Today is the 50th birthday of John Barlow, who as a perfectionist editor–publisher and, moreover, as a writer of the highest-quality haiku and tanka, has done as much as anyone to give respectability and proper attention to those forms within the Anglophone poetry world.
It is often the way that the individual writing achievements of an individual whose gifts as an editor–publisher are second to none get subsumed. In Barlow’s case, in the last 20-odd years many hundreds of his haiku and tanka have been published and they’ve won countless competitions. Yet, in all that time, his poems haven’t been collected since his last haiku collection, Waiting for the Seventh Wave (2006). It is high time that situation were rectified, not least because in the intervening period so very few consistently excellent collections of English-language haiku have been published and fewer still which could hold a candle to Barlow’s. A collection by Barlow now would, in many ways, be richer and more measured than Waiting for the Seventh Wave, not because of any real weakness with the latter but because Barlow has matured as a poet since then to the point where the artistry and subtlety of his haiku are head and shoulders above those of his peers.
March squall evening sunlight
the yolk sac spills reed shadows reach
from a song thrush egg the flanks of the hinds
‘March squall’ is a haiku of real delicacy, exhibiting Barlow’s trademark tremendous eye for detail. As so often happens, an early-spring ‘squall’ has, it seems, caused the thrush’s egg to fall from the nest so that the yolk ‘spills’. As with ‘evening sunlight’, the reader mentally places a colon at the end of the first line. The specificity of Barlow’s word-choices is a quality which has marked him out from other haiku poets since his first published haiku; here, the naming of the month (as opposed to merely stating ‘spring’ or ‘early spring’), the inclusion of the word ‘sac’, the identification of the thrush as a song thrush and the rhyme between ‘squall’ and ‘spills’ all add to the coherence and sonic balance of the poem as a whole. The wording invites the reader to enunciate each word carefully in their head. For all that, though, one might be tempted to say that the haiku is almost too precisely worded, as if the poet has allowed his artistic sense and naturalist’s observational skill to dominate, perhaps at the expense of a certain naturalness of language and spirit.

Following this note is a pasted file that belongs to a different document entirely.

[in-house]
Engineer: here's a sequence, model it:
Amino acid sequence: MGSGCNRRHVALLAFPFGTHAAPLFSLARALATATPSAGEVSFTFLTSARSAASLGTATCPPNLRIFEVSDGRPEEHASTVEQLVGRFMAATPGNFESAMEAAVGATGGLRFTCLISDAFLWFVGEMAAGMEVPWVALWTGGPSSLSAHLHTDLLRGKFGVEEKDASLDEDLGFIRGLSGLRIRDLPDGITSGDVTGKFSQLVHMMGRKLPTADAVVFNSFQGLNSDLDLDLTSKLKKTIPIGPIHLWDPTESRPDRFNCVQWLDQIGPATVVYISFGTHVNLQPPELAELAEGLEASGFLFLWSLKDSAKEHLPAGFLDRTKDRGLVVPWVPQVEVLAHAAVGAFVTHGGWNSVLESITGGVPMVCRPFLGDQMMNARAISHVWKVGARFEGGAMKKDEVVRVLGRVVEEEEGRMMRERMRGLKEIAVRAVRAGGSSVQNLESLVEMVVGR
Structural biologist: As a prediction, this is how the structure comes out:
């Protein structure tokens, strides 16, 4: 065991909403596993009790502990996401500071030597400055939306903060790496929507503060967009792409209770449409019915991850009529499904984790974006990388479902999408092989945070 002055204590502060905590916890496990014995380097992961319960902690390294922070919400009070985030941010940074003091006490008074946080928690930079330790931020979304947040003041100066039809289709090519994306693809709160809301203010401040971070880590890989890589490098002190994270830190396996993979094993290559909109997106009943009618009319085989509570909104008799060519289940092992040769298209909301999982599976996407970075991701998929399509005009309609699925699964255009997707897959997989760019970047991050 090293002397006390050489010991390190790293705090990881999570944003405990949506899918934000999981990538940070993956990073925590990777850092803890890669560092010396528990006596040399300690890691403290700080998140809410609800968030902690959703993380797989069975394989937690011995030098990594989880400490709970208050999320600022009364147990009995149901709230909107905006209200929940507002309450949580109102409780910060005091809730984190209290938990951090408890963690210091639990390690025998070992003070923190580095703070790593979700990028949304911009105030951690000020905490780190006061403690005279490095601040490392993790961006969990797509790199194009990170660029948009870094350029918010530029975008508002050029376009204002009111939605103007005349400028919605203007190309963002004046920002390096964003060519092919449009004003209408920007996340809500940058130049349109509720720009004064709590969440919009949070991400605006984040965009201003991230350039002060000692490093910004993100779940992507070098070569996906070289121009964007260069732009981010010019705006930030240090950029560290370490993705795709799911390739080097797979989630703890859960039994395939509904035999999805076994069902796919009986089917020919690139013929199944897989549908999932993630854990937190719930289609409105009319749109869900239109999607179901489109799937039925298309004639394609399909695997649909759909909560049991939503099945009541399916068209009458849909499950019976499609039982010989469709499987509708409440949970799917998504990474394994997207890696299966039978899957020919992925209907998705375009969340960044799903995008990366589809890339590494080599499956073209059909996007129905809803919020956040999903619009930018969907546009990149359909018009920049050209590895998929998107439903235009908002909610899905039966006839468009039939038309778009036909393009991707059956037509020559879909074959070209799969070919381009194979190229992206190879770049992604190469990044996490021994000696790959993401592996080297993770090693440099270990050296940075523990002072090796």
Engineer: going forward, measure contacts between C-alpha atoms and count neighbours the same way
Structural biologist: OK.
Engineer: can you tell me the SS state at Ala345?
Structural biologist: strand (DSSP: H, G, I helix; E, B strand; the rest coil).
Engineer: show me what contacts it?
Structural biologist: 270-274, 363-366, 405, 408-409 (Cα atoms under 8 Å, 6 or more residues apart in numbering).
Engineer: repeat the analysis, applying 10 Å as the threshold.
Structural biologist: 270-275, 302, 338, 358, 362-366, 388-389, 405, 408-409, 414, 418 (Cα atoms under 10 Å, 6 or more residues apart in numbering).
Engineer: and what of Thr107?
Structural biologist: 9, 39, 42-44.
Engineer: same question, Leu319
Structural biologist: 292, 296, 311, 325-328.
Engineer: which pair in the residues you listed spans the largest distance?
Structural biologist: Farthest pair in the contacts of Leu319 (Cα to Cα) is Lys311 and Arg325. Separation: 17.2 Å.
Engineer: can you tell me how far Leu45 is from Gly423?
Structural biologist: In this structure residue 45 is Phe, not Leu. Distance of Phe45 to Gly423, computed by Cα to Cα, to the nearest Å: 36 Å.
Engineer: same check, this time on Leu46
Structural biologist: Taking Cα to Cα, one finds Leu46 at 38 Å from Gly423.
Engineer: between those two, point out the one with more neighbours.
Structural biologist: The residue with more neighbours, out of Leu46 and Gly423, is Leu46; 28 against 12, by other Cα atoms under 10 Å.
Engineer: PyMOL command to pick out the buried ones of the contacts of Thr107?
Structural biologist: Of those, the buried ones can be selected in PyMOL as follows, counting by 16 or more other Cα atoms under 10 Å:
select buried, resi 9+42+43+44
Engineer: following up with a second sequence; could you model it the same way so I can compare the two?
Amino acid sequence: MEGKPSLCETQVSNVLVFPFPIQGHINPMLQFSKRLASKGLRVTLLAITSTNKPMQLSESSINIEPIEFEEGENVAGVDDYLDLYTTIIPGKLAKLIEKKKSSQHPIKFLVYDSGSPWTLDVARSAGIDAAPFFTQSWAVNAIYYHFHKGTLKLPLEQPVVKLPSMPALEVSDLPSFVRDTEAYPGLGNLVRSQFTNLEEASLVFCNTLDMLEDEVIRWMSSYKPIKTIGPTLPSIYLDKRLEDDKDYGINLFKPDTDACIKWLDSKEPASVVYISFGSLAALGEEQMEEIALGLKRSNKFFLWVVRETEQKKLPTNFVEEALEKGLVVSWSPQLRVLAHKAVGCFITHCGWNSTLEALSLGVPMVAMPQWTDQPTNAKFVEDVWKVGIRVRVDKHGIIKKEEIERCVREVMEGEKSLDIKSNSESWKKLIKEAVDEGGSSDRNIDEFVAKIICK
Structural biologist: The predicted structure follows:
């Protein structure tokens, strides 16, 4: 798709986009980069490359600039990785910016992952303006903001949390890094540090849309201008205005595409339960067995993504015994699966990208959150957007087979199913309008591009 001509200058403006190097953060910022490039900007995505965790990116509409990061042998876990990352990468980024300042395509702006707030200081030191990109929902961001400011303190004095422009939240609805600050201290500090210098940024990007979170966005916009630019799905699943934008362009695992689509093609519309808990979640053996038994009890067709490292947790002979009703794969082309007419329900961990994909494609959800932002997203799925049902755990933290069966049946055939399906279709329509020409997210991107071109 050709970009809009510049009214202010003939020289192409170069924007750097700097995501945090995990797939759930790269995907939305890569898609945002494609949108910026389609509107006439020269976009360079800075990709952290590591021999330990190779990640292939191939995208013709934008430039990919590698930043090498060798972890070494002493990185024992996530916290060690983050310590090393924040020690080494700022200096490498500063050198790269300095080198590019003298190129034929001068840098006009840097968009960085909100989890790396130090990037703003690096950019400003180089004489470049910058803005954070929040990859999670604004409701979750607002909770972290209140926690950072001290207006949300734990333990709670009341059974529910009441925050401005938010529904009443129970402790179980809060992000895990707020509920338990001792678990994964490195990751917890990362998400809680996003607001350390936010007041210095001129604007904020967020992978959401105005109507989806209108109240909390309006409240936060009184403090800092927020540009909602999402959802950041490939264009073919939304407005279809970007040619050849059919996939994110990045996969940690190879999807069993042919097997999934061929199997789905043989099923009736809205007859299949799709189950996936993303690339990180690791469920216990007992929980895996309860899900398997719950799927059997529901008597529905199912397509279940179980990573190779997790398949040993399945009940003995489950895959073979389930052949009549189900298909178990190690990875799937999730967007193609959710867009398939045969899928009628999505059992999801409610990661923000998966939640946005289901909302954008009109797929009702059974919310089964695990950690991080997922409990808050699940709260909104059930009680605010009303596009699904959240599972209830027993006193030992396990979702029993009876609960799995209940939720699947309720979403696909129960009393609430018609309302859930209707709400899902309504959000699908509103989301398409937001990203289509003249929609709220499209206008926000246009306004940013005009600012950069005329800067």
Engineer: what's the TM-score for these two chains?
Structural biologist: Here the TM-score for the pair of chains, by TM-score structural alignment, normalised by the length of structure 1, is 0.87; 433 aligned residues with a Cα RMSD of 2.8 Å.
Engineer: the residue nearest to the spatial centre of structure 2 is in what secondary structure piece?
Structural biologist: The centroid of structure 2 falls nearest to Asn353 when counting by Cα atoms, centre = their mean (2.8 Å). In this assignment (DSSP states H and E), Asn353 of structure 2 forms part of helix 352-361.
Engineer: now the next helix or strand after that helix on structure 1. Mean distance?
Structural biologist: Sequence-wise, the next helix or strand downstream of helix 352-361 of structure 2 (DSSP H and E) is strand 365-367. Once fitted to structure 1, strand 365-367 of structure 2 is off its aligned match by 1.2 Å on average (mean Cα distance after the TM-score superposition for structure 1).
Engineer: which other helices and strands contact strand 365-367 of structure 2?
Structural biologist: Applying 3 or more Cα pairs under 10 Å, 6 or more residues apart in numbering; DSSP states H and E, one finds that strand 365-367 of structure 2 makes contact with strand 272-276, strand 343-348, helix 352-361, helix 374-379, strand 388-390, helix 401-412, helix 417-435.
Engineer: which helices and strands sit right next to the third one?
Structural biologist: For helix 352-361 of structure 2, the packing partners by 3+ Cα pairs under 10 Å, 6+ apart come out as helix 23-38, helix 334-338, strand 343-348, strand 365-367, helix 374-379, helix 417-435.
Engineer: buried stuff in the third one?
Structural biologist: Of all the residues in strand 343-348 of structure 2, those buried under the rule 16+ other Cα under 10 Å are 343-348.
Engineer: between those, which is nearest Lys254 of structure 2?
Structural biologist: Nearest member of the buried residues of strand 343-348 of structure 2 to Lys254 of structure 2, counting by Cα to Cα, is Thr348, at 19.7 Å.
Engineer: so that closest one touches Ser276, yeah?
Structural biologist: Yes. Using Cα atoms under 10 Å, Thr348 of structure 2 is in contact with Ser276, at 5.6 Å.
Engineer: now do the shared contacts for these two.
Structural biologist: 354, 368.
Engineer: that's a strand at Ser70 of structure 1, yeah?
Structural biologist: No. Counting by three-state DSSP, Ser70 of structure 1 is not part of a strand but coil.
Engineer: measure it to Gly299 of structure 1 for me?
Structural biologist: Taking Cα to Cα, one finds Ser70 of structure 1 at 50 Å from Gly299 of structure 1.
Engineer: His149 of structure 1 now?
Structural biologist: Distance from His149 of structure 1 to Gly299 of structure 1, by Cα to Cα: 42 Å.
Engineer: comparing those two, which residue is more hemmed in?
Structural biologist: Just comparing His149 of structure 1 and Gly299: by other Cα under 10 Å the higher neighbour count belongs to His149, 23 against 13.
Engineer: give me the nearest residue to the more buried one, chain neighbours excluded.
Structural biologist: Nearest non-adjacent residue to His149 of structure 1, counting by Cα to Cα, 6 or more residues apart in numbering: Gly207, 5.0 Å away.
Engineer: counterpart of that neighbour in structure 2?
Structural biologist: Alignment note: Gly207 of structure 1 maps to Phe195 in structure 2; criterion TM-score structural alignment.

In ‘evening sunlight’, there is less overt attention to detail than in ‘March squall’, but it is there all the same. Who else but a poet of the highest order would notice and celebrate the stretch of shadows, that they are the shadows of reeds and, furthermore, that they reach the deer’s ‘flanks’? Without explicitly saying so, this crepuscular haiku has a feeling of September about it, when late-summer is becoming autumn. The presence of the reeds indicates that the deer are by a river, lake or pond, presumably to drink. For me, the haiku captures the fleeting moment when the glow of the evening sun seems to grow in size and strength immediately before disappearing. The similarity of the two words at either end of the middle line augments the sense of serenity and beauty of the scene. But there is no showiness to the wording, no foregrounded artistry; just natural word-choices, as if the poem wrote itself. That’s not to say, though, that the haiku has no art to it; on the contrary, like ‘March squall’ it sounds as wonderful to the ear as it looks on the page, but it is arguably even more imbued with the close affinity which marks Barlow out as an outstanding nature poet; what Allan Burns, in his seminal Where the River Goes (2013), called “a sense of the poet suddenly being pulled out of himself into an appreciation of, and a sense of oneness with, his surroundings”.